Monday, July 21, 2014

Fun with WSJT-X

Since this weekend's ARRL 100th Convention, I've been trying out WSJT-X, the latest from Joe Taylor K1JT in his series of "Weak Signal" programs.  It supports the JT65 and JT9 digital modes, mainly for HF communications (1.8 - 30 MHz).  It's a more modern and user-friendly program than the original WSJT.

The JT65 mode, shown here as a waterfall spectrogram in the 17 M band, is Joe's classic mode.  It uses 64 tones plus a pilot to convey the digital message in a ~200 Hz band.  This selection is interesting, because the weak WSJT-X signal (JA1VGV) is hidden behind a strong RTTY station -- the two big vertical bars.  The JA station is -17 dB relative to the SSB noise level, while the RTTY signal is probably > 0 dB.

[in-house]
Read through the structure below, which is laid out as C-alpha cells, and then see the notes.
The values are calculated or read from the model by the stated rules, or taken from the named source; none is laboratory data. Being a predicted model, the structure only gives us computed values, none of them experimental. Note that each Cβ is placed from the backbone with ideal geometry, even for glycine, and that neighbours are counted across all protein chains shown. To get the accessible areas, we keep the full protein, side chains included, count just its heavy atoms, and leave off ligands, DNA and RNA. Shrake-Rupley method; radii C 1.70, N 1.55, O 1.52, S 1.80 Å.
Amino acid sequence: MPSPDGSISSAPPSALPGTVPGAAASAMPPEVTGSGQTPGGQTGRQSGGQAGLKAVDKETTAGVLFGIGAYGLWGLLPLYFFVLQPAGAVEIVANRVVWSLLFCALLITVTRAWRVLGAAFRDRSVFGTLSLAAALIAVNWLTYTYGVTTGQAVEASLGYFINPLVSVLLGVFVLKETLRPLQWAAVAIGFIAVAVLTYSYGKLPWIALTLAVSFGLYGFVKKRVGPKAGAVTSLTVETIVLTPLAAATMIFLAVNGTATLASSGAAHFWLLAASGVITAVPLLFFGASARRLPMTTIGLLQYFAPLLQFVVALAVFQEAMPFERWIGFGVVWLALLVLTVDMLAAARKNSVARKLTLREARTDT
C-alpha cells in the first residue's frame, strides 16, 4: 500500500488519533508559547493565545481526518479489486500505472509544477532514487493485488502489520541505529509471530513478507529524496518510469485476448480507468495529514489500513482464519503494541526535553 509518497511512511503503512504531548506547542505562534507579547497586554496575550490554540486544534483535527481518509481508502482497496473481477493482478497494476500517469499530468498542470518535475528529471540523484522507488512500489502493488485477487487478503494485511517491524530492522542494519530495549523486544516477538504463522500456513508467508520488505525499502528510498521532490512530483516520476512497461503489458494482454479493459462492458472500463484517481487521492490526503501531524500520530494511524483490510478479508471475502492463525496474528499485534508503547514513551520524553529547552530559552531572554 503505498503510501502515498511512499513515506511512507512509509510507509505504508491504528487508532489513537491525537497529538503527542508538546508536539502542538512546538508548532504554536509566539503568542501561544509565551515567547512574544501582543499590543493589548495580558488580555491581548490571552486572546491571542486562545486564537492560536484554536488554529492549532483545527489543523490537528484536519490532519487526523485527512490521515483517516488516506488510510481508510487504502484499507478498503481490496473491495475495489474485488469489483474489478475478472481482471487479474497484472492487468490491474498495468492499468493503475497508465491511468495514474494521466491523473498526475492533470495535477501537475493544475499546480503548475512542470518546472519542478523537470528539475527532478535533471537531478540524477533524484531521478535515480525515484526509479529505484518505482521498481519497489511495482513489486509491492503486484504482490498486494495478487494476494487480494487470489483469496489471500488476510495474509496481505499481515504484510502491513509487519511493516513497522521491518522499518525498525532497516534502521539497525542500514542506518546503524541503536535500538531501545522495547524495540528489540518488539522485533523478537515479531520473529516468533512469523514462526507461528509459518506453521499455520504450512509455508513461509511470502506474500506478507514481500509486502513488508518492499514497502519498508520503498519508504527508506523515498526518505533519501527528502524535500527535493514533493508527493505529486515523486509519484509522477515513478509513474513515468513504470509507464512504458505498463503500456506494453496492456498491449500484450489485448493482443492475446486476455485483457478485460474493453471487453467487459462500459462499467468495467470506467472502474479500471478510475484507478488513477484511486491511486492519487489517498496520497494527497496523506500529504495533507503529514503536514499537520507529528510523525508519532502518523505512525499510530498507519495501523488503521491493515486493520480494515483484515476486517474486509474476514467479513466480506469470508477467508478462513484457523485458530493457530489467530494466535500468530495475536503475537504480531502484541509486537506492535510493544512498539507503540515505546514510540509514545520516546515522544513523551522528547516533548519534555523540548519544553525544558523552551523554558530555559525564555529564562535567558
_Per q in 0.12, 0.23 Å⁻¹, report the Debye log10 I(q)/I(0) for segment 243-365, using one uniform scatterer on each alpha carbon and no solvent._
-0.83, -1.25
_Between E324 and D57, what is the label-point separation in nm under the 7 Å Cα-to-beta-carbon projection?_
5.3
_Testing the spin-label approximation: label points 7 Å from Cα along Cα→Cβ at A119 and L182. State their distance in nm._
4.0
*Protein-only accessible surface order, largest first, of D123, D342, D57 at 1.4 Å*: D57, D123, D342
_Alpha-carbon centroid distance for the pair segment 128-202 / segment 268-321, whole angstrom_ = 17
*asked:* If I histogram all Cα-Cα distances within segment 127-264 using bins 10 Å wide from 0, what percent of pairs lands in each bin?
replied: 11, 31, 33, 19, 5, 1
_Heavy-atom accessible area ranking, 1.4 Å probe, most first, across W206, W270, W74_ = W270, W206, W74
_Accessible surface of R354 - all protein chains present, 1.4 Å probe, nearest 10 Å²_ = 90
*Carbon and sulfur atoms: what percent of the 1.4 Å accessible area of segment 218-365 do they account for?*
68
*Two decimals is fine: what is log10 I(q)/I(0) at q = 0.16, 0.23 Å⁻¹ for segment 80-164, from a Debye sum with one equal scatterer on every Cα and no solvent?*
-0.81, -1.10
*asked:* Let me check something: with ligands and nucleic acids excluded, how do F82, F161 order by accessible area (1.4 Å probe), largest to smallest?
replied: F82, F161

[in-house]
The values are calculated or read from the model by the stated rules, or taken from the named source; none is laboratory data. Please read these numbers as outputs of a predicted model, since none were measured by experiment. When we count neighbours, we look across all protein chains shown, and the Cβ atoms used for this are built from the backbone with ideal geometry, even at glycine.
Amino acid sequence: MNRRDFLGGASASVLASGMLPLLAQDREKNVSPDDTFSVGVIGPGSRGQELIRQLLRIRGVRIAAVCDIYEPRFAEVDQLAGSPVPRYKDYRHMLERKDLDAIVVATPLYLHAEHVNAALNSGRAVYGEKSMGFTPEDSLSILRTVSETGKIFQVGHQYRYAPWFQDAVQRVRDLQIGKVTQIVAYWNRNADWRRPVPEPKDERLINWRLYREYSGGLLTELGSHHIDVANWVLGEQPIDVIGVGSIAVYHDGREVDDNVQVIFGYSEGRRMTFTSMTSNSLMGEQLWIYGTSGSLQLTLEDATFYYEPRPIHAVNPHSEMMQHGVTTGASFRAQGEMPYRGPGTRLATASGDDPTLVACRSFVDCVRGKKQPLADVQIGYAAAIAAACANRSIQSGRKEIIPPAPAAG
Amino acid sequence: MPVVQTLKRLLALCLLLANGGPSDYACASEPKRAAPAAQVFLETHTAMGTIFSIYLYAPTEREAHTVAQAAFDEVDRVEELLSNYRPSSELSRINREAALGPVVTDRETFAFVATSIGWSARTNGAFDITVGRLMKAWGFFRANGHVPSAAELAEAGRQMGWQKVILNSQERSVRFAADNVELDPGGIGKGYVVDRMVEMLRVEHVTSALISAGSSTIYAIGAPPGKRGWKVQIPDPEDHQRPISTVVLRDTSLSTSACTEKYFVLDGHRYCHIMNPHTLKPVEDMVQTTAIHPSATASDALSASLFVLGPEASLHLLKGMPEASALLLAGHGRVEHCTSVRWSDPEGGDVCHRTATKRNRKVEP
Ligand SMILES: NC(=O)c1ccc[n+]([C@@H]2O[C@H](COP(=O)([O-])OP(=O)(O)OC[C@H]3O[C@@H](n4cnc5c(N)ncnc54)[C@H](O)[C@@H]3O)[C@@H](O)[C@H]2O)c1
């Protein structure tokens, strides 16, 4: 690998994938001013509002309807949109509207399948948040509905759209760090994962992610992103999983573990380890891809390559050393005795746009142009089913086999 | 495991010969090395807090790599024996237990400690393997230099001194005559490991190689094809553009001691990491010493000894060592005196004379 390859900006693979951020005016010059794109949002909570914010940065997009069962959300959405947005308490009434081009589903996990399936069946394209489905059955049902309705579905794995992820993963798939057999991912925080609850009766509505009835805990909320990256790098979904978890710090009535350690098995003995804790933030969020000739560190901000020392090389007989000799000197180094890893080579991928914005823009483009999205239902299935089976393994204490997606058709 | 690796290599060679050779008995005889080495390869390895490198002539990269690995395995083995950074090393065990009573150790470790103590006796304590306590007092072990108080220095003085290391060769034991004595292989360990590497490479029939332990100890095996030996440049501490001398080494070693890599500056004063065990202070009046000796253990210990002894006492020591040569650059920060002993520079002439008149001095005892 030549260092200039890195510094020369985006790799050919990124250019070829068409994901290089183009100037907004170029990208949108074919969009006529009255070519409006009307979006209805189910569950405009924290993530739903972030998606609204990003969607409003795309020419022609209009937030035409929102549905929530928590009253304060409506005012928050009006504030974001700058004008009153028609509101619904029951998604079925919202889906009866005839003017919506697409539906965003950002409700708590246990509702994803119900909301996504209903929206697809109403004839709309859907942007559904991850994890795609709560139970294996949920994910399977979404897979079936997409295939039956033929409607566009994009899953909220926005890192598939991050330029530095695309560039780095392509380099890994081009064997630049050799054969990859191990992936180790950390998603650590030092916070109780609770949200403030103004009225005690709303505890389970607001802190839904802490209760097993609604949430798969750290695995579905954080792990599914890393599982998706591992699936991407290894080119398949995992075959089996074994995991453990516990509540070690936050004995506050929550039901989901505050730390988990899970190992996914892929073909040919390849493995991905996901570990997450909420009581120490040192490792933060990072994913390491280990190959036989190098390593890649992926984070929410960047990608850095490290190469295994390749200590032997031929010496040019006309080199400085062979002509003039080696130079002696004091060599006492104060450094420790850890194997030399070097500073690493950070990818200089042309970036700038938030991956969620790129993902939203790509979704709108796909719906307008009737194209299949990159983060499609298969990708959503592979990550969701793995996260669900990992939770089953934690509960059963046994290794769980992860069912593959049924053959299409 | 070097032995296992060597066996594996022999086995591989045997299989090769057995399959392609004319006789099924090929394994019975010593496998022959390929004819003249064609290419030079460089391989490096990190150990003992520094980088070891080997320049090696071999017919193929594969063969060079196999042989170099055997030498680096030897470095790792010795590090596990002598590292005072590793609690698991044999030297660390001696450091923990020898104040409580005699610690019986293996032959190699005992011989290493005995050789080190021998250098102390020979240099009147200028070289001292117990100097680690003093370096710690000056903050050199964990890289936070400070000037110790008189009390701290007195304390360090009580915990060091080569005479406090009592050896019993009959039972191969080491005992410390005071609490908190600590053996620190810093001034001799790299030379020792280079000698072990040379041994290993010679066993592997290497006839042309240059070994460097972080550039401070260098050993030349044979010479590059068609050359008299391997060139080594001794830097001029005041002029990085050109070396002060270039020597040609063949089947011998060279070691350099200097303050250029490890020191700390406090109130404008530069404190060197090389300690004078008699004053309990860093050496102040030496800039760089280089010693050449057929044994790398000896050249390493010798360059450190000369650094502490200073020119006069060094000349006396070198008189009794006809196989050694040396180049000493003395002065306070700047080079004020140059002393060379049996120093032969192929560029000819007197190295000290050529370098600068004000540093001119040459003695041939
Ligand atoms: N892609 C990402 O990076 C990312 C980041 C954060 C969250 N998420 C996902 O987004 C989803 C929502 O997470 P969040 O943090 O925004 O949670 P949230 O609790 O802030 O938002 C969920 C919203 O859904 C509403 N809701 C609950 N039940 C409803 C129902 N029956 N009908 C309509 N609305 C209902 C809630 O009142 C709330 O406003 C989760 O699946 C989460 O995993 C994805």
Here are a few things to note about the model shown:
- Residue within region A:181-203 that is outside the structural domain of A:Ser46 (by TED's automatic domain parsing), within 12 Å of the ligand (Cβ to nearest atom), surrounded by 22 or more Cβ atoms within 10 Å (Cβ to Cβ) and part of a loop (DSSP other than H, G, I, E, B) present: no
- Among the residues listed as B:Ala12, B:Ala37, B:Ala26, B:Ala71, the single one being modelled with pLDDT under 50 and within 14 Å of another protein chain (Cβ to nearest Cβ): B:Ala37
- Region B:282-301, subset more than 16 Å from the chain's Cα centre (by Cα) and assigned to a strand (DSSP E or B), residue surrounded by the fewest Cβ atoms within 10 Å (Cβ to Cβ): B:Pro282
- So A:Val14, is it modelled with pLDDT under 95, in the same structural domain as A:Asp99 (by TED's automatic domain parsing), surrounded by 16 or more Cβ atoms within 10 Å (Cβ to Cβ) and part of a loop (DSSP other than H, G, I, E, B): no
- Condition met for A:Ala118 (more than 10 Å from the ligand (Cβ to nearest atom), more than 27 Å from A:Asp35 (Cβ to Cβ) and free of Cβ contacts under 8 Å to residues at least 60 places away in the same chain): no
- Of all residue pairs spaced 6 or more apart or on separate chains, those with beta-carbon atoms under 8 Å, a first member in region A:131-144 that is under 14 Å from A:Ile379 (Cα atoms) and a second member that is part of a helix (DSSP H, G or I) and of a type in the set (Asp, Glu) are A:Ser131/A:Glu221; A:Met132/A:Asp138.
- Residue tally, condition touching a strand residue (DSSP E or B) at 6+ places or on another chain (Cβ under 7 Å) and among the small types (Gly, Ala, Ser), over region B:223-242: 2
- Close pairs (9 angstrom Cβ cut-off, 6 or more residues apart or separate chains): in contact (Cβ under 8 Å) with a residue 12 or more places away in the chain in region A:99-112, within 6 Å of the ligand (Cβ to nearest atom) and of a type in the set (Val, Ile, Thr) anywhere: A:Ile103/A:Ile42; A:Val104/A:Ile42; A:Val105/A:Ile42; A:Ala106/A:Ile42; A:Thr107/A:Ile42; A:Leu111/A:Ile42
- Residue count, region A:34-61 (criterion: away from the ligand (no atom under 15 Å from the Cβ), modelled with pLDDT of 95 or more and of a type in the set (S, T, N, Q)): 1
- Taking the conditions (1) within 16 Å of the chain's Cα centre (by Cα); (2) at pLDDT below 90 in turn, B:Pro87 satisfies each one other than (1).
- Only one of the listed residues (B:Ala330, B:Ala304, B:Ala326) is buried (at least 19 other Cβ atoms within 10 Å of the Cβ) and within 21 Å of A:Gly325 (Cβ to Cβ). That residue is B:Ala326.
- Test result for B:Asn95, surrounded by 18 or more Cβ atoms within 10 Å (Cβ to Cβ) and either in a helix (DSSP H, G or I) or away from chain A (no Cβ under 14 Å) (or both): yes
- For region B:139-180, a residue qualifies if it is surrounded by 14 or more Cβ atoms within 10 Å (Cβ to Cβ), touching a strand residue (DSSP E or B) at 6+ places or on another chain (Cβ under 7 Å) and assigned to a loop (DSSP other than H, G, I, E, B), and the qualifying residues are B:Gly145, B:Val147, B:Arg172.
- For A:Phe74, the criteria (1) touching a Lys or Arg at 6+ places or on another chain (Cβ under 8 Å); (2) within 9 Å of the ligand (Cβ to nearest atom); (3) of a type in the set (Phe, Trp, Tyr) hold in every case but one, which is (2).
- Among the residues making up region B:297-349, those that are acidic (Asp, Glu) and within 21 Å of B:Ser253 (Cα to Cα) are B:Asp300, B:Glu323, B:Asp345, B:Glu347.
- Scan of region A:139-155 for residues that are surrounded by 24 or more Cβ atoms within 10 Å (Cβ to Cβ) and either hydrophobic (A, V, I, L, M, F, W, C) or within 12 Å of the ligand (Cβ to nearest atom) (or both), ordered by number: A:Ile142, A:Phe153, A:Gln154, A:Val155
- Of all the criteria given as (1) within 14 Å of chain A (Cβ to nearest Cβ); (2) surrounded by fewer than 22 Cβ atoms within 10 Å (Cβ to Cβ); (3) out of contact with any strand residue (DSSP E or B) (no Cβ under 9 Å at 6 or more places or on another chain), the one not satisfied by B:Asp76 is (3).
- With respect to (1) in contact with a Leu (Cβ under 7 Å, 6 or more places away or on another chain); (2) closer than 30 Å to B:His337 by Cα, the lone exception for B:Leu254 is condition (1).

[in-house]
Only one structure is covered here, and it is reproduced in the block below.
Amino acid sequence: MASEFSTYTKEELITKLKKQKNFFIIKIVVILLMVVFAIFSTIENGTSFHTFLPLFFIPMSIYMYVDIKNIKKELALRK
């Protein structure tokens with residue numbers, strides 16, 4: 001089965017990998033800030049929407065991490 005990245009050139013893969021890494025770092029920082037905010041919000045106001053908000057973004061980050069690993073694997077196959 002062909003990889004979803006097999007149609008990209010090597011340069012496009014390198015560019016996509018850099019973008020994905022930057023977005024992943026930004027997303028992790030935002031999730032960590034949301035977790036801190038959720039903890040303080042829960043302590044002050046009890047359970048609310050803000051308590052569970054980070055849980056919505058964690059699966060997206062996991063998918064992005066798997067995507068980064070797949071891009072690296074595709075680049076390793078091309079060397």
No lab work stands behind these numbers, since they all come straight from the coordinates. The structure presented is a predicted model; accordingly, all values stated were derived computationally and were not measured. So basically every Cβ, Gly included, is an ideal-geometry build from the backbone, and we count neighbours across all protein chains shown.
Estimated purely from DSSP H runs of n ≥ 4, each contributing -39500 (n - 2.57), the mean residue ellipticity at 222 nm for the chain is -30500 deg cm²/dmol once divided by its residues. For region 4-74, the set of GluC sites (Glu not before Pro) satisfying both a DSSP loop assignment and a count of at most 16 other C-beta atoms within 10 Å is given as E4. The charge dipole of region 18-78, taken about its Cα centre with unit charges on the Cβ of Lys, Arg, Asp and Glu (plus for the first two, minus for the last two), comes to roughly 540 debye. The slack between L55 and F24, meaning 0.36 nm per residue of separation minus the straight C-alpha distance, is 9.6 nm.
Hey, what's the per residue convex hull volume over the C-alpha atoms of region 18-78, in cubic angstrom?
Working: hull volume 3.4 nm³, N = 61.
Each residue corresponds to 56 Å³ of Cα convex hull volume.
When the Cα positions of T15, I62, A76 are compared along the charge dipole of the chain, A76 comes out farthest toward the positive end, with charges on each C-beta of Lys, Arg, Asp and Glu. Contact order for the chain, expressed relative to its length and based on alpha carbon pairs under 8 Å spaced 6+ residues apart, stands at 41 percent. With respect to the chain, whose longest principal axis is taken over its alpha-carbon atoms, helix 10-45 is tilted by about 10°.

A contact goes in 1 minute "chunks": sending for one minute (actually, 48 sec.) and receiving for one minute.  The divisions of transmit/receive are shown as red horizontal lines. (The waterfall is stopped for 48 sec during transmit.)

I use two power levels for JT65. Normal is 5 Watts.  When conditions are tough, I can ramp up to "QRO" -- 20 Watts.  To go higher than that is considered unsporting, I think!

JT65 is nice, but JT9 is better.  It uses the same message structure, but with only 9 tones that are spaced more closely.  JT9 is much more efficient in terms of spectrum utilization (by a factor of ~10), so it is clearly a better solution for crowded HF bands.  Unfortunately, most of the JT65 software now in use does not support JT9.  WSJT-X supports both.
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